7. Charter a Fishing Trip
Homer is known as the World’s Halibut Capital. This moniker was given for a reason! Due to its unique location, Homer serves as a great jumping-off place for some fantastic halibut fishing. Homer halibut are plentiful and grow to enormous sizes.
Fishing from Homer is a once-in-a-lifetime experience for most people that travel to Alaska. Book a long-range fishing trip which simply means going further out into the open sea. The boat travels 40-60 miles (approximately 2 hours travel time) out from the Homer Harbor, passing Seldovia, Port Graham, and Nanwalek to fish near the Barren Islands or even further!
The scenery and vistas along the way to the fishing grounds are unbeatable. There’s a decent possibility you’ll spot sea lions, sea otters, humpback whales, porpoises, puffins, and various other marine birds and creatures.
- Distance: 1 mile
- How to get there: Car, walk
- Time to get there: < 10 minutes
- Time to spend there: 6-8 hours
8. Horseback Tour
On a gentle Percheron Draft Horse, you’ll explore Alaska’s raw splendor. The gentle creatures have a mild disposition and can accommodate larger riders due to their size and stamina. You’ll observe birds, snap photos of wildlife, and learn how to identify local wild flora on an unforgettable excursion. The guides are seasoned Alaskan naturalists with extensive local knowledge.
Because you are high up on a horse and can see over the shrubs and willows, you may view more scenery and wildlife than if you were strolling a path. You’ll ride through the forests, across the muskegs, and down the river valley, giving you a taste of the area. The guide will provide you with ample opportunities to take photos or simply observe.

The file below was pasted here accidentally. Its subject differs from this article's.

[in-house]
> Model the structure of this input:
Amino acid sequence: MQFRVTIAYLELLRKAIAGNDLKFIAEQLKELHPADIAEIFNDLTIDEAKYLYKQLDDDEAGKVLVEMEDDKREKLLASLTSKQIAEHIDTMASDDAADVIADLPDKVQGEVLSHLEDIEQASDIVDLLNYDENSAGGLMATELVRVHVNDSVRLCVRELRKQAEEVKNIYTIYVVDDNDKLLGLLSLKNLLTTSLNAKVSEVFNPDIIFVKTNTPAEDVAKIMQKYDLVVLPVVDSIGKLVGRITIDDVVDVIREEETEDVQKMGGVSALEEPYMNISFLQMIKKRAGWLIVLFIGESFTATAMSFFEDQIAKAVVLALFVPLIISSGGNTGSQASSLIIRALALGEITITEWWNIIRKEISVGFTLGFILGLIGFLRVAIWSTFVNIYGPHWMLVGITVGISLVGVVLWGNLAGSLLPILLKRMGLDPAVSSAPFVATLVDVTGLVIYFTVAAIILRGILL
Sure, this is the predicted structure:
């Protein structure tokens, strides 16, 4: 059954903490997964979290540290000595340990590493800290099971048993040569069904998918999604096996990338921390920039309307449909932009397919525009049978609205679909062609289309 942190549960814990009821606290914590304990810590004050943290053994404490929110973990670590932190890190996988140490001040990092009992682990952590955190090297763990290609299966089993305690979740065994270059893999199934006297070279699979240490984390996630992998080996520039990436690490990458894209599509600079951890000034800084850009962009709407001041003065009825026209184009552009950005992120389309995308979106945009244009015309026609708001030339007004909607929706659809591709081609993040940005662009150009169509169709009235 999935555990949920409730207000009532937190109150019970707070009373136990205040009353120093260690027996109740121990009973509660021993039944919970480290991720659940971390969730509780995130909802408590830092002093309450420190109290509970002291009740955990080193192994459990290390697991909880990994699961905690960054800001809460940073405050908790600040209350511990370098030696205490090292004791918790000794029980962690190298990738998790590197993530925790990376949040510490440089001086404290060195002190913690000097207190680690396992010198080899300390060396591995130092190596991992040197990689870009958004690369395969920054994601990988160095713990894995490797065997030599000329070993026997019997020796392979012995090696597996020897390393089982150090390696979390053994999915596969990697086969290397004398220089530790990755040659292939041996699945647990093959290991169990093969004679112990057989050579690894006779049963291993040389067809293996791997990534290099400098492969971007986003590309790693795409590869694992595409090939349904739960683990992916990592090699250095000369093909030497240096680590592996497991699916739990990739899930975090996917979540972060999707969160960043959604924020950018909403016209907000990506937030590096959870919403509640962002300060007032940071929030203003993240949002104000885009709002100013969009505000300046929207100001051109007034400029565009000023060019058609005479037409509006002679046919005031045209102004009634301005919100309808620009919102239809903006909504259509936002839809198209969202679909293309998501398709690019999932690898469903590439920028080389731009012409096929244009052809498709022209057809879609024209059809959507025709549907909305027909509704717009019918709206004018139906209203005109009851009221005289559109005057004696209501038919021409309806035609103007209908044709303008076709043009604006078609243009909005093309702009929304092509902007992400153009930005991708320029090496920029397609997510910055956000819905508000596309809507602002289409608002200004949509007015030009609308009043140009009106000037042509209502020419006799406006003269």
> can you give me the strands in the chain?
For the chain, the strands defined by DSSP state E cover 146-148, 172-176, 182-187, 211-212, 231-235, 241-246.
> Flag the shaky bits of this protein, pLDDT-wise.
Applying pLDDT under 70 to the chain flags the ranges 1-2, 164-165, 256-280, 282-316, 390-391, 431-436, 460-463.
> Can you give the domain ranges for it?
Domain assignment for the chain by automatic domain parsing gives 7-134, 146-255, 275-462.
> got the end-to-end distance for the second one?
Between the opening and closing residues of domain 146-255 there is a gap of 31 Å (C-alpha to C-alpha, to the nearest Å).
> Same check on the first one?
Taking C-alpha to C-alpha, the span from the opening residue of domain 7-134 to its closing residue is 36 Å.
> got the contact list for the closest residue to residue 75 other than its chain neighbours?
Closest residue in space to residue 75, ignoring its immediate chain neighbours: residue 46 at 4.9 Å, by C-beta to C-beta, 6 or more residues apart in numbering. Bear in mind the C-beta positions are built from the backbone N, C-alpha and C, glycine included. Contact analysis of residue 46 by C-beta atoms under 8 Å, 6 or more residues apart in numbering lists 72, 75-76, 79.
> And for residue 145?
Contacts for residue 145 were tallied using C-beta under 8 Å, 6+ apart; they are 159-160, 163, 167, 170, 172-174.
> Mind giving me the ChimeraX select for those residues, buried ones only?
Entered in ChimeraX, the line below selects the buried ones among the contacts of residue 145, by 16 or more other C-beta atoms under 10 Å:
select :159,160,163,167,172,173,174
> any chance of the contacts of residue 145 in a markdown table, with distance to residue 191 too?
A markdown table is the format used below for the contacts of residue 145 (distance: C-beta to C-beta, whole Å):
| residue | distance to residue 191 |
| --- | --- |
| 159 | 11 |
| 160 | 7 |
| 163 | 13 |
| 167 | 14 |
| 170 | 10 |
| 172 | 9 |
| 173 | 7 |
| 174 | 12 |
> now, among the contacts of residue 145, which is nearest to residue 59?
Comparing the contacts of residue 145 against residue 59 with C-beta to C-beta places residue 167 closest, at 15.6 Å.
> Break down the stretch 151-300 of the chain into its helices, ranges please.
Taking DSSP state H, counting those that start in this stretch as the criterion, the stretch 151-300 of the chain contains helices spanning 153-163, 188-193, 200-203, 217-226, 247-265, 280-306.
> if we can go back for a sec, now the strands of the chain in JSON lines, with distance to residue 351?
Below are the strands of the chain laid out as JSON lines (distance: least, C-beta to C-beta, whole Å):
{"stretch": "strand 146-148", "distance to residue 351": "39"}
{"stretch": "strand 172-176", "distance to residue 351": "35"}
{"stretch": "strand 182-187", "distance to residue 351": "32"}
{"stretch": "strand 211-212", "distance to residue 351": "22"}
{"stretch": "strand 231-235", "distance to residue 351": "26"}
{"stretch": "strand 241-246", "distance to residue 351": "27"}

Remember that you are riding a horse in the Alaskan wilderness, where tree branches and shrubs may scrape you. Also, Alaskan mosquitoes are no joke. Expect an attack on your bare ankles and legs as you travel through the shaded wooded areas. Bring bug spray and leave the open-toe sandals and shorts for another day.
- Distance: 15 miles
- How to get there: Drive
- Time to get there: 22 minutes
- Time to spend there: 4+ hours
9. Go Flightseeing
From the air, take in the beauty of Kachemak Bay and Cook Inlet. As you fly past glaciers and stunning mountain passes, you’ll learn about the bay’s natural history and its indigenous people. Gaze down at crystalline glaciers, float over commercial fishermen at work in the inlet, and keep an eye out for whales, bears, mountain goats, and moose as you fly over the rugged terrain.
The flightseeing trip gives you 45 minutes of beautiful flight time above Kachemak Bay. Learn about Homer’s past, hear the true tale behind “Smokey Bay,” and see the stunning Grewingk Glacier up close and personal. If the weather permits, we can visit the Harding Ice Field for a view of the Gulf of Alaska.
It is best to keep your Homer plans flexible. In coastal Alaska, the weather is notoriously fickle. The pilot has absolute discretion over whether or not the plane can make the trip. Try to plan your flightseeing trip for the first day you arrive in Homer. If the weather prevents you from going, you may be able to squeeze your trip in on another day.
- How to get there:
- Time to get there:
- Time to spend there: 45 minutes
Making the Most out of Your Stay in Homer
As you can see, there is plenty to keep you occupied both in and around Homer. If you can only choose one of these excursions, I would recommend the Bear Viewing tour where you’ll get to see bears in their natural habitat, learn about bear behavior and ecology, and gain a better understanding and appreciation for these animals.
In addition, this tour can provide opportunities for photography, wildlife watching, and adventure. It truly makes for a once-in-a-lifetime kind of experience!